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South Carolina boy, and father, look to revolutionize tennis with ambidextrous play

November 20, 2015 01:45 PM

By Jonathon Braden, USTA South Carolina

CHARLESTON, S.C. – Coy Simon might be the easiest player to spot at a junior tennis tournament.

From the sideline on a recent sunny Saturday morning, nearly all his peers showed similar styles – one-handed forehands and two-handed backhands.

Then there was Coy, the tournament’s No. 1 seed, who plays tennis like few do in South Carolina, if not the country.

Coy hits a forehand with his left hand and his right hand. He also uses both sides to place serves and smash overheads.

He has played ambidextrously since he was 6, when his dad, Ben Simon, started teaching him how to play. By 10, his dad said, you couldn’t tell which hand was his dominant. (It’s his right.)

Now Coy is 14, and his unconventional methods have helped him earn success in South Carolina and throughout the Southeast, including a No. 11 ranking in the state for the 16-and-under boys singles division.

But his dad, who’s also Mount Pleasant tennis pro, believes this is only the beginning for his son and his unique style. Ben Simon, who has taught tennis for the past 22 years, envisions two-sided tennis becoming mainstream tennis.

He thinks the style will follow the paths of other once unusual strokes, such as the two-handed backhand and topspin forehand. Fifty years ago, neither stroke was widely taught or used, but now they’re both the favorites of nearly junior and pro player.

“I think it is going to revolutionize the game,” Ben Simon said of ambidextrous tennis.

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Screenshots from a 2013 video of Coy Simon show his ambidextrous play. (USTA SC illustration)


Ben Simon himself started playing tennis ambidextrously, until a friend’s dad later taught him how to play with a two-handed backhand and one-handed forehand. He played with the more-modern style at Lander University in Greenwood, where he helped the school win two Division II national titles.

Years later, Ben Simon, by then an established tennis pro, was talking with a friend about ambidextrous tennis. Neither men were convinced the method had been properly tested, from the beginning of a player’s tennis development through his or her adolescent years. They also discussed the style’s strengths – two forehands and no backhand, which is most players’ weakness.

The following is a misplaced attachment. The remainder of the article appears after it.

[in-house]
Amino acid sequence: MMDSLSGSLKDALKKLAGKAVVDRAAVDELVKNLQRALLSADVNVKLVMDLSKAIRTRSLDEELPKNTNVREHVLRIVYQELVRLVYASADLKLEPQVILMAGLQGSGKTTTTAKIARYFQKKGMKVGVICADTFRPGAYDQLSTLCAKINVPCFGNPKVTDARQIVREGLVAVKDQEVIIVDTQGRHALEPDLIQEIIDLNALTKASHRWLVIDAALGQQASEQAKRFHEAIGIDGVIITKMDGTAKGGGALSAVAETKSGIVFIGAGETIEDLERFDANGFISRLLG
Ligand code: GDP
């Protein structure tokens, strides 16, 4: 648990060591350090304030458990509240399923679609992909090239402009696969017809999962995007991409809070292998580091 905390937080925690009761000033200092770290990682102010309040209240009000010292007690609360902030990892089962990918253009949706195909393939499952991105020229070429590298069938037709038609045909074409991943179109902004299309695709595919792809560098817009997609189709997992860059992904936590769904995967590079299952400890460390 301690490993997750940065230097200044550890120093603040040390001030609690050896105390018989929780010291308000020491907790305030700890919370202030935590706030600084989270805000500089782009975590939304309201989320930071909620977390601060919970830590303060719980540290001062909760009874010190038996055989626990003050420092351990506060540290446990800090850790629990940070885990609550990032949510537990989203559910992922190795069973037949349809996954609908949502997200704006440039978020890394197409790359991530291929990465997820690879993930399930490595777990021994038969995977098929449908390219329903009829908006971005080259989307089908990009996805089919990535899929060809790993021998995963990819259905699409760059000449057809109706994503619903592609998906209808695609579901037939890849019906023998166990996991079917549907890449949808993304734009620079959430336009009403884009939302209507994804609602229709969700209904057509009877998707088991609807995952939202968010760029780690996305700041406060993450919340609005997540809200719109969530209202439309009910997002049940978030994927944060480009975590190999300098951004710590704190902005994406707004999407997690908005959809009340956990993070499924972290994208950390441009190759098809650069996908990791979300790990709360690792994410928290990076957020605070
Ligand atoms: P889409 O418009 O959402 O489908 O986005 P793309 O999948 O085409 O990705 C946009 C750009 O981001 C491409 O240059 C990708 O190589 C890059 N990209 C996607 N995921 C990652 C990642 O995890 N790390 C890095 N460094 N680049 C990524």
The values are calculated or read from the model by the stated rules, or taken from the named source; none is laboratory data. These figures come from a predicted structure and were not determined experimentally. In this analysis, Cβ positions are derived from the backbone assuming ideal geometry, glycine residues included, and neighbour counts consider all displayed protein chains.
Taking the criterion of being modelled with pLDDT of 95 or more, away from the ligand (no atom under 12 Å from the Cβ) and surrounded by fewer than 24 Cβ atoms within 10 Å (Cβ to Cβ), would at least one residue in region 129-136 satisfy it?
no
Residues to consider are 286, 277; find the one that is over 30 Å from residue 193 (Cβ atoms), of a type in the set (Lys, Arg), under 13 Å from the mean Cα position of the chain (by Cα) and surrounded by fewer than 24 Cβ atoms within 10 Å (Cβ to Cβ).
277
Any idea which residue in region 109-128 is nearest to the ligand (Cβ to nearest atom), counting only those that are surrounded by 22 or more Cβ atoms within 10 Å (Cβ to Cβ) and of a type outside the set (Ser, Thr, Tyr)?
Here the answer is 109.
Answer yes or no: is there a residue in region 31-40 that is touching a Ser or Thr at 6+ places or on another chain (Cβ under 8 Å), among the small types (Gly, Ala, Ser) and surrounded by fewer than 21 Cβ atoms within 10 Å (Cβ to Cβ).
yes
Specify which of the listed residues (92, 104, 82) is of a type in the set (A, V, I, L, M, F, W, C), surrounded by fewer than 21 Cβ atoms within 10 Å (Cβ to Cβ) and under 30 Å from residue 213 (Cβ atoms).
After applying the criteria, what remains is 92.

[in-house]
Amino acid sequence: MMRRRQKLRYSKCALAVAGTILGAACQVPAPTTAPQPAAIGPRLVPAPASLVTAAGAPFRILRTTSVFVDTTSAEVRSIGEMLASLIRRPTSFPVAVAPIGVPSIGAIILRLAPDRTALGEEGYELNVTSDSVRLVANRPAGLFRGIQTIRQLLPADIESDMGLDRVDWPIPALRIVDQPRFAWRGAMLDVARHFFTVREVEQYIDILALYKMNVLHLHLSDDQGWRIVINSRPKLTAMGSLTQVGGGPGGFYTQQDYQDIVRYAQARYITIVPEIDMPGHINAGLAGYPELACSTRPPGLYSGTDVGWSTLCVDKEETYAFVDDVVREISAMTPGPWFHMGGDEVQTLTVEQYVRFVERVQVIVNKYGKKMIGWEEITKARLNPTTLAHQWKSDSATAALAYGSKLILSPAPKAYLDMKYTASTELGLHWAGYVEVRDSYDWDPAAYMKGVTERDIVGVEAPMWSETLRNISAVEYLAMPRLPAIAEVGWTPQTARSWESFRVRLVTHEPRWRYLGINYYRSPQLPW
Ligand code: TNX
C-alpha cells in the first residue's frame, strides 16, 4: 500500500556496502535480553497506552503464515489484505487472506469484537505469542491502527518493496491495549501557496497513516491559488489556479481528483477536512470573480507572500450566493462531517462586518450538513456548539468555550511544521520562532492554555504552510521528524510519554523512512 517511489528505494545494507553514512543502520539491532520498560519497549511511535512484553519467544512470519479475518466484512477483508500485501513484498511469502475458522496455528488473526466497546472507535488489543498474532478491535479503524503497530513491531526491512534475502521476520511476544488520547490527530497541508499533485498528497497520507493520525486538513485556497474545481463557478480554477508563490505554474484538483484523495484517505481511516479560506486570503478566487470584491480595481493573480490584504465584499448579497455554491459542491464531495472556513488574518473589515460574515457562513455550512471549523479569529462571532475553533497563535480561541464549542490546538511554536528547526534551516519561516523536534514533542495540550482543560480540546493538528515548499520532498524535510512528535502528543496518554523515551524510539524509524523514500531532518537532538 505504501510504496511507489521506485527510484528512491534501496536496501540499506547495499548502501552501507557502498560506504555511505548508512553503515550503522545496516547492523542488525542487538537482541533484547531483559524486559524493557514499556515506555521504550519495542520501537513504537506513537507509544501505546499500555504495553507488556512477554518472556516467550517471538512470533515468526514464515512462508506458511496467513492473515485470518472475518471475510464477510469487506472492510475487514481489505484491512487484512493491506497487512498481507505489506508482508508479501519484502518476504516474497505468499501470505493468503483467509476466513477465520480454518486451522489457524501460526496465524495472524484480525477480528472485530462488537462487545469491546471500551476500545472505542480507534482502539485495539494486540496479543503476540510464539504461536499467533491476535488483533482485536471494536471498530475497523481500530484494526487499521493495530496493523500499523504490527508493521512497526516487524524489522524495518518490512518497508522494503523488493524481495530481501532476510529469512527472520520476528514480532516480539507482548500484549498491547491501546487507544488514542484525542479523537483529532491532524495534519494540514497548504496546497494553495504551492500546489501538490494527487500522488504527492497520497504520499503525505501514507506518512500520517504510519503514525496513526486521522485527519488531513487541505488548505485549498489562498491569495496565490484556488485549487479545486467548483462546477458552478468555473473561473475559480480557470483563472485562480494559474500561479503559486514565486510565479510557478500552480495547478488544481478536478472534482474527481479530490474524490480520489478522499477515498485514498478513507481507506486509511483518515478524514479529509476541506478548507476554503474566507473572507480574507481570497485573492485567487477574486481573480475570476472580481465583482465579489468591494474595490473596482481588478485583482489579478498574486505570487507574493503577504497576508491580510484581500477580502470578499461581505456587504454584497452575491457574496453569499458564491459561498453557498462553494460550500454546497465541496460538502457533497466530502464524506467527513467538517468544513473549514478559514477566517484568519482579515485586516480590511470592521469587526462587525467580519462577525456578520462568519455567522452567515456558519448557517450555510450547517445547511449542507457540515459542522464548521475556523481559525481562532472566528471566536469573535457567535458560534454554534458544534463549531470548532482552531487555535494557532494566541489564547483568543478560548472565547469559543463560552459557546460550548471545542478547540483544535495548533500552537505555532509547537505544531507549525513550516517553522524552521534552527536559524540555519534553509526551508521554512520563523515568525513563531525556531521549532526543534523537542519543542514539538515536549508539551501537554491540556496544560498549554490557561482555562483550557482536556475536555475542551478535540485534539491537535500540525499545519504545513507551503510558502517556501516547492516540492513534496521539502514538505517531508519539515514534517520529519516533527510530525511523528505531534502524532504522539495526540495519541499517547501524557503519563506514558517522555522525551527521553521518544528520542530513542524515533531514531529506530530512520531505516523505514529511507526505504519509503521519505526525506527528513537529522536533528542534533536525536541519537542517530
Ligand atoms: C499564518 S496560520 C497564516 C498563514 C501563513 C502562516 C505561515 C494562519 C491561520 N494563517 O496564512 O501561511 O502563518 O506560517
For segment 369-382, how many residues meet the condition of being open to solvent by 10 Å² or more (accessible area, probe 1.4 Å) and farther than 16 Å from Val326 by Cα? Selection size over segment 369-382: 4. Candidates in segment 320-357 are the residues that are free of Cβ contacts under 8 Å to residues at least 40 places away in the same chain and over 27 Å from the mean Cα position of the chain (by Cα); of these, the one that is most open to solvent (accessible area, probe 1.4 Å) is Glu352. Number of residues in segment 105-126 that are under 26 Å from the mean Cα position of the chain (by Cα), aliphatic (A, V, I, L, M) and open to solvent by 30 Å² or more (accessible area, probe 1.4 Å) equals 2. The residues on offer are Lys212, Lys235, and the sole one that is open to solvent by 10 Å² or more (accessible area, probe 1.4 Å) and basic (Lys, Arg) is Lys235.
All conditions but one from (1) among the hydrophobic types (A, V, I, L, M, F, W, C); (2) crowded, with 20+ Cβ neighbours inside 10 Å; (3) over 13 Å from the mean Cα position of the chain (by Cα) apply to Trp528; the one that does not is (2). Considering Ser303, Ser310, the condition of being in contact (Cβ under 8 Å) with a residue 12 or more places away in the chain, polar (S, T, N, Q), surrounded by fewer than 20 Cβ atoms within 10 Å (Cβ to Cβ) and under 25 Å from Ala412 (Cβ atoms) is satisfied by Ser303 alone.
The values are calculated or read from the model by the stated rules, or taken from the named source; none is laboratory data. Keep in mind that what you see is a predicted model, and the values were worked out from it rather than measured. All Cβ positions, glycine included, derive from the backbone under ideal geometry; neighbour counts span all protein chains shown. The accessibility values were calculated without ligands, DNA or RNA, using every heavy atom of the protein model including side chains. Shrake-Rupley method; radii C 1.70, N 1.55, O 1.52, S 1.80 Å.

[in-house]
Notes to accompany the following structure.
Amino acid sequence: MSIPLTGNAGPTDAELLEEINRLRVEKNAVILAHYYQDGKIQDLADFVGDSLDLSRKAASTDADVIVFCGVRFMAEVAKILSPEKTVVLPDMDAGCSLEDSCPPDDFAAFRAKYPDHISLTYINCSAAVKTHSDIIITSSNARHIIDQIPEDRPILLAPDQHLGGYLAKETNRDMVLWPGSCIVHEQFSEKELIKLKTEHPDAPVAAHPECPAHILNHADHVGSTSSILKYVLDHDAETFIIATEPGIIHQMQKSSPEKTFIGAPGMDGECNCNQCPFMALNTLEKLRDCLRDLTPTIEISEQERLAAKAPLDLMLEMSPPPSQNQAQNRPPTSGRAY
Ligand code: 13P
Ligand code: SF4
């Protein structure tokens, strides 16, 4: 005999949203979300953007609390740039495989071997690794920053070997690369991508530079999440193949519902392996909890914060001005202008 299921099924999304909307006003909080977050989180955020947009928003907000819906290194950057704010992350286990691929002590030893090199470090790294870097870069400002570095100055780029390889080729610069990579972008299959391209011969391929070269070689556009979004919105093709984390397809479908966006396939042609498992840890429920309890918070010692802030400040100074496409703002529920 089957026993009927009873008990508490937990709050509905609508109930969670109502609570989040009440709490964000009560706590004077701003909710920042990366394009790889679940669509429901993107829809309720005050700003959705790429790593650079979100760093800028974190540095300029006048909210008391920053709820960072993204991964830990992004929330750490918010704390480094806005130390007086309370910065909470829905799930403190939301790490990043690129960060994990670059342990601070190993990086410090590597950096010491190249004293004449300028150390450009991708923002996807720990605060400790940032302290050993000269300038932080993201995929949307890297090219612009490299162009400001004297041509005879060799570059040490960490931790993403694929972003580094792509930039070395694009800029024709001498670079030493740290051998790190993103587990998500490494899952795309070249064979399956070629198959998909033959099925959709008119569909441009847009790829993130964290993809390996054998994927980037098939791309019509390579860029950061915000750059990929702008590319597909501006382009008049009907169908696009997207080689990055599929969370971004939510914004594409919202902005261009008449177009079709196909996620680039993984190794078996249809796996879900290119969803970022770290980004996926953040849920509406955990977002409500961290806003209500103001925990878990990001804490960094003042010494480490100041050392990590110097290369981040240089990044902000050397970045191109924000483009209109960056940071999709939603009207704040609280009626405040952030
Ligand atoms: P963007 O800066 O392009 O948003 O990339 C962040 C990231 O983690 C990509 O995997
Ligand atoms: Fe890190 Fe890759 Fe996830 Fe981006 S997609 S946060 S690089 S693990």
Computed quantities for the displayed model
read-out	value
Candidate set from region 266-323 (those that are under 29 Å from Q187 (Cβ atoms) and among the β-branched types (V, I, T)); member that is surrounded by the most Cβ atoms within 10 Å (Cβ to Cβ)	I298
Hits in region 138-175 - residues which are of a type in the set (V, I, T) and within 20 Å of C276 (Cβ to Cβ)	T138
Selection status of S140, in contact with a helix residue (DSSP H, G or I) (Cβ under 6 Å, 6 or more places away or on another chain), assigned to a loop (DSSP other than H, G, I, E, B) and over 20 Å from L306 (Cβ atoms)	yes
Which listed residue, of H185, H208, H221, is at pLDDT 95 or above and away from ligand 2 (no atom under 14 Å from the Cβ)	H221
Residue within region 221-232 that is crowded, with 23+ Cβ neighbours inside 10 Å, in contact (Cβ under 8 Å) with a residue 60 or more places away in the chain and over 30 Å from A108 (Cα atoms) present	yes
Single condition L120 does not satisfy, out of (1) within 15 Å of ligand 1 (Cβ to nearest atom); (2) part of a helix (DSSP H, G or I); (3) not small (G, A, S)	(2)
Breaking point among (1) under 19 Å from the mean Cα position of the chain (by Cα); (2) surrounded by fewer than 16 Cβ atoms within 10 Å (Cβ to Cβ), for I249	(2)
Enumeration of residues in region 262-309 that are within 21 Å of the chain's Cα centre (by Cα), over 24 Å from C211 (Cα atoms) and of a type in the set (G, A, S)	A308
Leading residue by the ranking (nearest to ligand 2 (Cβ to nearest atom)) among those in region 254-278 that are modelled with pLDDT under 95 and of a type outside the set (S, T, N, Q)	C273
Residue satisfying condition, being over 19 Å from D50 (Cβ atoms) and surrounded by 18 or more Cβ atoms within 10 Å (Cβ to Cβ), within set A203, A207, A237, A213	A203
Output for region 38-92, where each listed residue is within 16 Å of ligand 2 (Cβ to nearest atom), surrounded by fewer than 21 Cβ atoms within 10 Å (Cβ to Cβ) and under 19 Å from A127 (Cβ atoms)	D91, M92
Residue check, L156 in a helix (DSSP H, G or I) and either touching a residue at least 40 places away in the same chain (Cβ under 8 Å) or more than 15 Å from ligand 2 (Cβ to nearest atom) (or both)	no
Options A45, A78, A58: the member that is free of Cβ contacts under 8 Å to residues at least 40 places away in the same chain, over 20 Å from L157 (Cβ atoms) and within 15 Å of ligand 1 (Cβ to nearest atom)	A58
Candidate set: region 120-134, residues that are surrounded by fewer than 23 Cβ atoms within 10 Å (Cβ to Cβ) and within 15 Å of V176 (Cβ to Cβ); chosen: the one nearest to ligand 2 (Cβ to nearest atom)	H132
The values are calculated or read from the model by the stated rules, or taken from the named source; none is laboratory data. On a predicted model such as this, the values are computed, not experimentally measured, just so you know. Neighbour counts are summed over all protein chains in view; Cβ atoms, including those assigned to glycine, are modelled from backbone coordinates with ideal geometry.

So Simon agreed to try it with Coy, who was 5 at the time.

“I’m not afraid to try new things. I’m not afraid to fail,” Ben Simon said recently.

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Ben Simon

The style looked successful Saturday during the South Carolina Junior State Open Championships at The Citadel.

Coy Simon used both serves – his left and his right – to keep his opponent, Garrett Kozar, off-balance. (Coy changes serve sides based on the sun’s location.) During rallies, Coy Simon comfortably switched hands, sometimes even between shots. During one point, he hit a left-handed topspin forehand approach and switched to his right hand to angle away a volley.

“I couldn’t really tell which hand was dominant,” Kozar said. “They were both really good.”

Kozar usually tries to attack his opponent’s weakness – read: backhand – during matches. Against Coy Simon, though, he had to try a new strategy. “You basically have to go all out because he’s really good,” Kozar said.

Kozar was unsuccessful; Coy Simon won, 6-0, 6-0.

Other players have enjoyed ambidextrous success, even on the game’s biggest stages.

About a decade ago, Evgenia Kulikovskaya of Russia reached inside the top 100 on the women’s pro tour. Swinging from both sides, American Luke Jensen, playing with his brother, won the 1993 French Open doubles title. (Luke Jensen, like Coy Simon does now, could do everything with both hands – serve, hit groundstrokes and volley.)

The style has more historical roots as well. Decades ago, as Bud Collins noted in Bud Collins’ Tennis Encyclopedia, ambidextrous player Giorgio de Stefani of Italy won the 1934 French Open, and American Beverly Baker Fleitz lost in the 1955 Wimbledon final.

Roy Barth, the longtime director of tennis at the Kiawah Island Golf Resort, can see how two forehands could be ideal from the baseline and while serving.

But Barth, who was an All-American at UCLA and played on the pro tour, doesn’t endorse the style because of how long it could take to switch hands, especially in pressure situations, such as when attacking the net.

“I would not recommend it,” Barth said. “I think you’d be better off if you picked your strongest side.”

Coy’s dad, Ben Simon, knows people disagree. “Out in left field” was how one Charleston tennis coach described him, Simon recalled.

Even at the Live To Play Tennis Club in Mount Pleasant, where Simon is the director of technical development, no other parents have wanted their kids to try the approach.

Ben Simon is convinced more will try, though, once his son and his 9-year-old daughter, Breeze, who’s also playing with two forehands, win more consistently and at the biggest tournaments.

“Right now I’m kind of nuts,” Ben Simon said. “But as soon as one person makes it, one person breaks through, I guarantee everybody will be doing it. If not (doing it), seriously thinking about it.”

At the Citadel tournament, Coy Simon finished third. The result, however, didn’t bother Dad. He thinks the best results for Coy – and ambidextrous tennis – are only a year away.

“This time next year,” Ben Simon said, “we’re going to make some noise. Mark my words.”

 

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